Lärarprofessionens genusordning En studie av lärares uppfattningar om arbetsuppgifter, kompetens och förväntningar

Detta är en avhandling från Göteborg : Acta Universitatis Gothoburgensis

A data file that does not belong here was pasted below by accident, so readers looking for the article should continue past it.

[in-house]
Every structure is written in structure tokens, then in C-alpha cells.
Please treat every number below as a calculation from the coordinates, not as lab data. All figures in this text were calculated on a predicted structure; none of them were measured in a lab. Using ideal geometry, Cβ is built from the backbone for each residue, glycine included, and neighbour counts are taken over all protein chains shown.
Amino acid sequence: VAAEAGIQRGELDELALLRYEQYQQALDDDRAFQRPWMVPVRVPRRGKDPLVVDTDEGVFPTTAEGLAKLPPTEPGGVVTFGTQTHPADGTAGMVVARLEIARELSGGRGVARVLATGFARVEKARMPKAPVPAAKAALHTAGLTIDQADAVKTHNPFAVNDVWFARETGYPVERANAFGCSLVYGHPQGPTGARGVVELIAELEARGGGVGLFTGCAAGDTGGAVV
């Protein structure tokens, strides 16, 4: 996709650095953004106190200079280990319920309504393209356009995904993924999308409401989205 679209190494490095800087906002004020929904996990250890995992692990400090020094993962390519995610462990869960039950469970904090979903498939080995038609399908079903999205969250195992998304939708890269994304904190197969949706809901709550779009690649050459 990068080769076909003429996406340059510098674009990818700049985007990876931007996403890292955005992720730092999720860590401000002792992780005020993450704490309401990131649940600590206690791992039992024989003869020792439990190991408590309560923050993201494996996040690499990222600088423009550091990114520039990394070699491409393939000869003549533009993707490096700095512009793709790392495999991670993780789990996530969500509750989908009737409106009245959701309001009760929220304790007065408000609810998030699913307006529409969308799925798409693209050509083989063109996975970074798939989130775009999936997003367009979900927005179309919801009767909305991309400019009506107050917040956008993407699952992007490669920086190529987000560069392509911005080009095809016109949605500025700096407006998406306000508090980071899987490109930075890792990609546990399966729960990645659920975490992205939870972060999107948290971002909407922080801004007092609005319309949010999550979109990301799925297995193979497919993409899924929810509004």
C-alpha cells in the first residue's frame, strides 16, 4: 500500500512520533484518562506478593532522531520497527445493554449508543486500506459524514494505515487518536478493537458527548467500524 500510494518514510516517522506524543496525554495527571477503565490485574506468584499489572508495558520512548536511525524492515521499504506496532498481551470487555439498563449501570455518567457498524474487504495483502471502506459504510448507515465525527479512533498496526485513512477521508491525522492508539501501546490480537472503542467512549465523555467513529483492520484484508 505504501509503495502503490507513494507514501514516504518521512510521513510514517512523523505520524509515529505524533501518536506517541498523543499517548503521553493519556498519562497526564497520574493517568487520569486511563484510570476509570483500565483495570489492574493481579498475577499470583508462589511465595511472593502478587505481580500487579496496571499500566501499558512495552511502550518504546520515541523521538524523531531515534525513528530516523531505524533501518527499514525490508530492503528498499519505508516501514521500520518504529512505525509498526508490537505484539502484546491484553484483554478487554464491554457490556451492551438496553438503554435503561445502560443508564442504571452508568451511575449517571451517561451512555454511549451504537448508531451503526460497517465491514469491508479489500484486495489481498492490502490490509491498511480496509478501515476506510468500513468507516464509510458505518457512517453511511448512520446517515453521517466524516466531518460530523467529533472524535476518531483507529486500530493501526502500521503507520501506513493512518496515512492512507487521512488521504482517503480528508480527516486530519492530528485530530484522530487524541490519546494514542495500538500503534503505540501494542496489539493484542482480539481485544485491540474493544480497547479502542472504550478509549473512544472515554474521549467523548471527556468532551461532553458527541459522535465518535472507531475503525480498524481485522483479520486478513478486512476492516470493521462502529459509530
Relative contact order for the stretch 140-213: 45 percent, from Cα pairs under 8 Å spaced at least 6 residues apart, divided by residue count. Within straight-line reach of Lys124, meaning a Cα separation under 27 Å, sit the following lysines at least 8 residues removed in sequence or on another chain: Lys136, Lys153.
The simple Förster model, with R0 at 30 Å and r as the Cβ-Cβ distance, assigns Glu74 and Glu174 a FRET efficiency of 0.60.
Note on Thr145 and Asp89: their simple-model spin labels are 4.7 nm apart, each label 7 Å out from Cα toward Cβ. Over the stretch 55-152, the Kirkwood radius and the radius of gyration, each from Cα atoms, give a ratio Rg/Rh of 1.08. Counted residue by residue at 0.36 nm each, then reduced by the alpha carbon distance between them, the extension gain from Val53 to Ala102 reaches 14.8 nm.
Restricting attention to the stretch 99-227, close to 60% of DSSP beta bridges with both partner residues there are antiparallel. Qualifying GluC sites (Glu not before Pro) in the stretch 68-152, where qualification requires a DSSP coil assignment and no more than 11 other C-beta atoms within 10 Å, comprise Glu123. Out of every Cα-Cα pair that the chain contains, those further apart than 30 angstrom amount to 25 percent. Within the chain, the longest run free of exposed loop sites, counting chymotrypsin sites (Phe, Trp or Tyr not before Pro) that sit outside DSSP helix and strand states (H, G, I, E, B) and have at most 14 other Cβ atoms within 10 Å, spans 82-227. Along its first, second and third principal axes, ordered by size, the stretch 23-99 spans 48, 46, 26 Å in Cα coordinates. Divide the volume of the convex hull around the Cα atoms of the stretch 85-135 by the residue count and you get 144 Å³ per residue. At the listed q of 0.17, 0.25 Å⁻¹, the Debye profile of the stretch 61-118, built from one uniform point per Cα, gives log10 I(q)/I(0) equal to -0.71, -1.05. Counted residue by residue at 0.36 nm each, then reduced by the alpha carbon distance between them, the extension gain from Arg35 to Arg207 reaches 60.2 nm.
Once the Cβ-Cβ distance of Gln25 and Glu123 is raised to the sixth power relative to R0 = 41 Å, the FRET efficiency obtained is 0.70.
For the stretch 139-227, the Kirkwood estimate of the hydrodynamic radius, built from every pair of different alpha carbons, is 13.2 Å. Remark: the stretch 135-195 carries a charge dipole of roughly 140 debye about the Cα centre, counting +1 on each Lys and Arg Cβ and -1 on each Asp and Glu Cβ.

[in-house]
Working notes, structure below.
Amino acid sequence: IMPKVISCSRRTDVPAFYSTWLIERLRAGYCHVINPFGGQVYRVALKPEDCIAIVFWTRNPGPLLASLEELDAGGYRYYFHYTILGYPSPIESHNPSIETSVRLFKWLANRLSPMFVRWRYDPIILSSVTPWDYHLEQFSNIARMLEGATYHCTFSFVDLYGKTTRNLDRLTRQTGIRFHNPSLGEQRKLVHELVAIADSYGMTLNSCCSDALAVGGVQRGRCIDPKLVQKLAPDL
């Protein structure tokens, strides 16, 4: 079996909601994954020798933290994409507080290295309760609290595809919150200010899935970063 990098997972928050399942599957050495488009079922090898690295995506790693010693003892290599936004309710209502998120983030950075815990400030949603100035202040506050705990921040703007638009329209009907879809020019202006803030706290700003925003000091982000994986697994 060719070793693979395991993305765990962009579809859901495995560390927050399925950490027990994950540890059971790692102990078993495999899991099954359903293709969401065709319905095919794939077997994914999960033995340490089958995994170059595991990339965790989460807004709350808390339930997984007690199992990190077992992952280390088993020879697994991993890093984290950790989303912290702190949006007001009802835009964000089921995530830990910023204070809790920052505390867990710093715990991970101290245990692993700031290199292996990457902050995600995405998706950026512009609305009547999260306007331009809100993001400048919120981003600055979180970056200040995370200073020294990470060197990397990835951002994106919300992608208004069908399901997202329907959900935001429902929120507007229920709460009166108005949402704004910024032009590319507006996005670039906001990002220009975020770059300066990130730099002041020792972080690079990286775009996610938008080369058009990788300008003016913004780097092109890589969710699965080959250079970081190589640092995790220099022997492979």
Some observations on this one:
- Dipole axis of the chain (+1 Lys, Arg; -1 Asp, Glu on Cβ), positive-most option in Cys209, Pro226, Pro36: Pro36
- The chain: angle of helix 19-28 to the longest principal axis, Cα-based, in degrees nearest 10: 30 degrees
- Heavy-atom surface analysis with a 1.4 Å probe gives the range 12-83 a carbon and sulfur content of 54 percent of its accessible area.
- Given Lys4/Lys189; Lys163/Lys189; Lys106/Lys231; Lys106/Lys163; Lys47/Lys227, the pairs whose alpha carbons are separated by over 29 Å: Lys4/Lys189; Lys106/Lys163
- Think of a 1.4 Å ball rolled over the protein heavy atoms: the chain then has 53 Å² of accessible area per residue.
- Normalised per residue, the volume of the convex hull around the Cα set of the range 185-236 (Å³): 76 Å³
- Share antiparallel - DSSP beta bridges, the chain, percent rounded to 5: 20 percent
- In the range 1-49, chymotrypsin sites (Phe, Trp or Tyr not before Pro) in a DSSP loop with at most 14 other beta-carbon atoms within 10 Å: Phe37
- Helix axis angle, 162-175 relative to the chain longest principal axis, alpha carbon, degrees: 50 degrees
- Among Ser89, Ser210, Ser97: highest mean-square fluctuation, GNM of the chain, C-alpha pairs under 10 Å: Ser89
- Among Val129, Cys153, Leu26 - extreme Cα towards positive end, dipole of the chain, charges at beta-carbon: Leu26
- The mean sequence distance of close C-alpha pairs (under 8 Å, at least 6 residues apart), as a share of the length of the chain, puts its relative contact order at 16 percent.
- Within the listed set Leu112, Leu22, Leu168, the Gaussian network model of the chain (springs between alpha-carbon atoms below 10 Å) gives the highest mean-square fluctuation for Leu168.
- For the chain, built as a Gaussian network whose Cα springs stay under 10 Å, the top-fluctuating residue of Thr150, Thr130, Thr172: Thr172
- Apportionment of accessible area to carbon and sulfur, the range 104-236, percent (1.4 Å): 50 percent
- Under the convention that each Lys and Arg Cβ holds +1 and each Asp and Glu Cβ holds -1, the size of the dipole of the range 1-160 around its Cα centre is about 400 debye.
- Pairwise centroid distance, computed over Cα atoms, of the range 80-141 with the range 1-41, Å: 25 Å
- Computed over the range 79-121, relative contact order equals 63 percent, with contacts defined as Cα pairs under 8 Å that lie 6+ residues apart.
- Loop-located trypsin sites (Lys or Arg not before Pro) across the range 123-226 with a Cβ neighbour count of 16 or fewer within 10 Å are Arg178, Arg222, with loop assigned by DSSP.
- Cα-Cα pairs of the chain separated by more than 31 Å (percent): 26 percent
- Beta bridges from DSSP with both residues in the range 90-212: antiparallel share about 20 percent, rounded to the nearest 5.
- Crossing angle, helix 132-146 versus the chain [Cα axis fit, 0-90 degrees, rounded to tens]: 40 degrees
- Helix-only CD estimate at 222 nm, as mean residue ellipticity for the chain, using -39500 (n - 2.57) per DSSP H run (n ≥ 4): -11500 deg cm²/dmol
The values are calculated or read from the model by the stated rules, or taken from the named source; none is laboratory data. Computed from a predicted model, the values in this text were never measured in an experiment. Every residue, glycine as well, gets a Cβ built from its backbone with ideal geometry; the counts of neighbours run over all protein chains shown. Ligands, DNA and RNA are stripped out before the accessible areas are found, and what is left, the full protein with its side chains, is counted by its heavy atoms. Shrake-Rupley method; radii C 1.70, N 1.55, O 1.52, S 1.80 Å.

Sammanfattning: This thesis presents a study of the gender order of the teaching profession. It focuses on how teachers perceive meanings of the gender order in their work. It also focuses how the gender order is expressed in the interviewees’ understandings and interpretations of their assignment and work.The theoretical concept gender contract (Hirdmans, 1988, 2007) is used to interpret and analyse how teachers apprehend their work tasks and how these are carried out. Lindgrens (1985, 1999) studies of majority- and minority positions at a work place are relevant as that the amount of women and men in schools’ lower grades differ. The theoretical concept gender regime (Connell, 1996) is used to study how the overall gender order is expressed in different schools. Connell (1999) describe a hierarchy of masculinities which is used as a tool to understand how the male teachers reason about expectations from others.The thesis is primarily based on an interview study among fourteen teachers in grade three to five in an urban municipality. Some data from a questionnaire, answered by approximately 600 teachers who work with children 10-12 years old, are also included.Results show that social dimensions are intervened with pedagogic-didactic aspects, but at the same time talked about as disturbing teachers’ main assignment. Social dimensions are described as taking a lot of teachers’ time and energy, but also as “that all round”. Especially the male teachers discuss aspects as caring and relationships to pupils and describe these aspects as a source to challenge in work. From a gender perspective, it is interesting to note that it is mostly female coded aspects, i.e. relationships that are described as “that all around”. Contact with parents is highly emphasized and influenced by aspects of ethnicity. Several teachers state that norms in the pupils’ home environment and norms in school differ. Because of this, contact with parents includes dilemmas.Partly because of that, it can be hard to delimit the teacher role from the private role.Even if tasks related to social dimensions in work are described as “that all around”, the importance of the teachers’ social competence is emphasized. The teachers maintain that competence in work does not have anything to do with the gender of the teacher. Especially younger teachers tend to emphasize abilities and competences of the individual. At the same time, it seems that women and men partly handle different kinds of tasks and that certain tasks get gender coded, which corresponds to the regulations of the gender contract through which the gender order is established.Several male teachers state that they have worked as teachers for smaller groups of pupils with special needs, without having the relevant educational background. These men also told that they were recruited to handle instable groups of pupils. Thereby, they are expected to behave like “real men”, i.e. perform a hegemonic masculinity, and if they don’t they run a risk to be seen as unmanly. Feelings of shame are discussed only by male teachers. This shows that not only women but also men “suffer” of the gender order.The male teachers dwell upon strong expectations from parents to “uphold peace and quiet” in a way that female teachers don’t. However, when focusing the corresponding theme in the questionnaire, the picture changes. 91% (n=366) of the female teachers and 86% (n=235) of the male teachers feel to a high degree expectations from parents to “uphold peace and quiet”.

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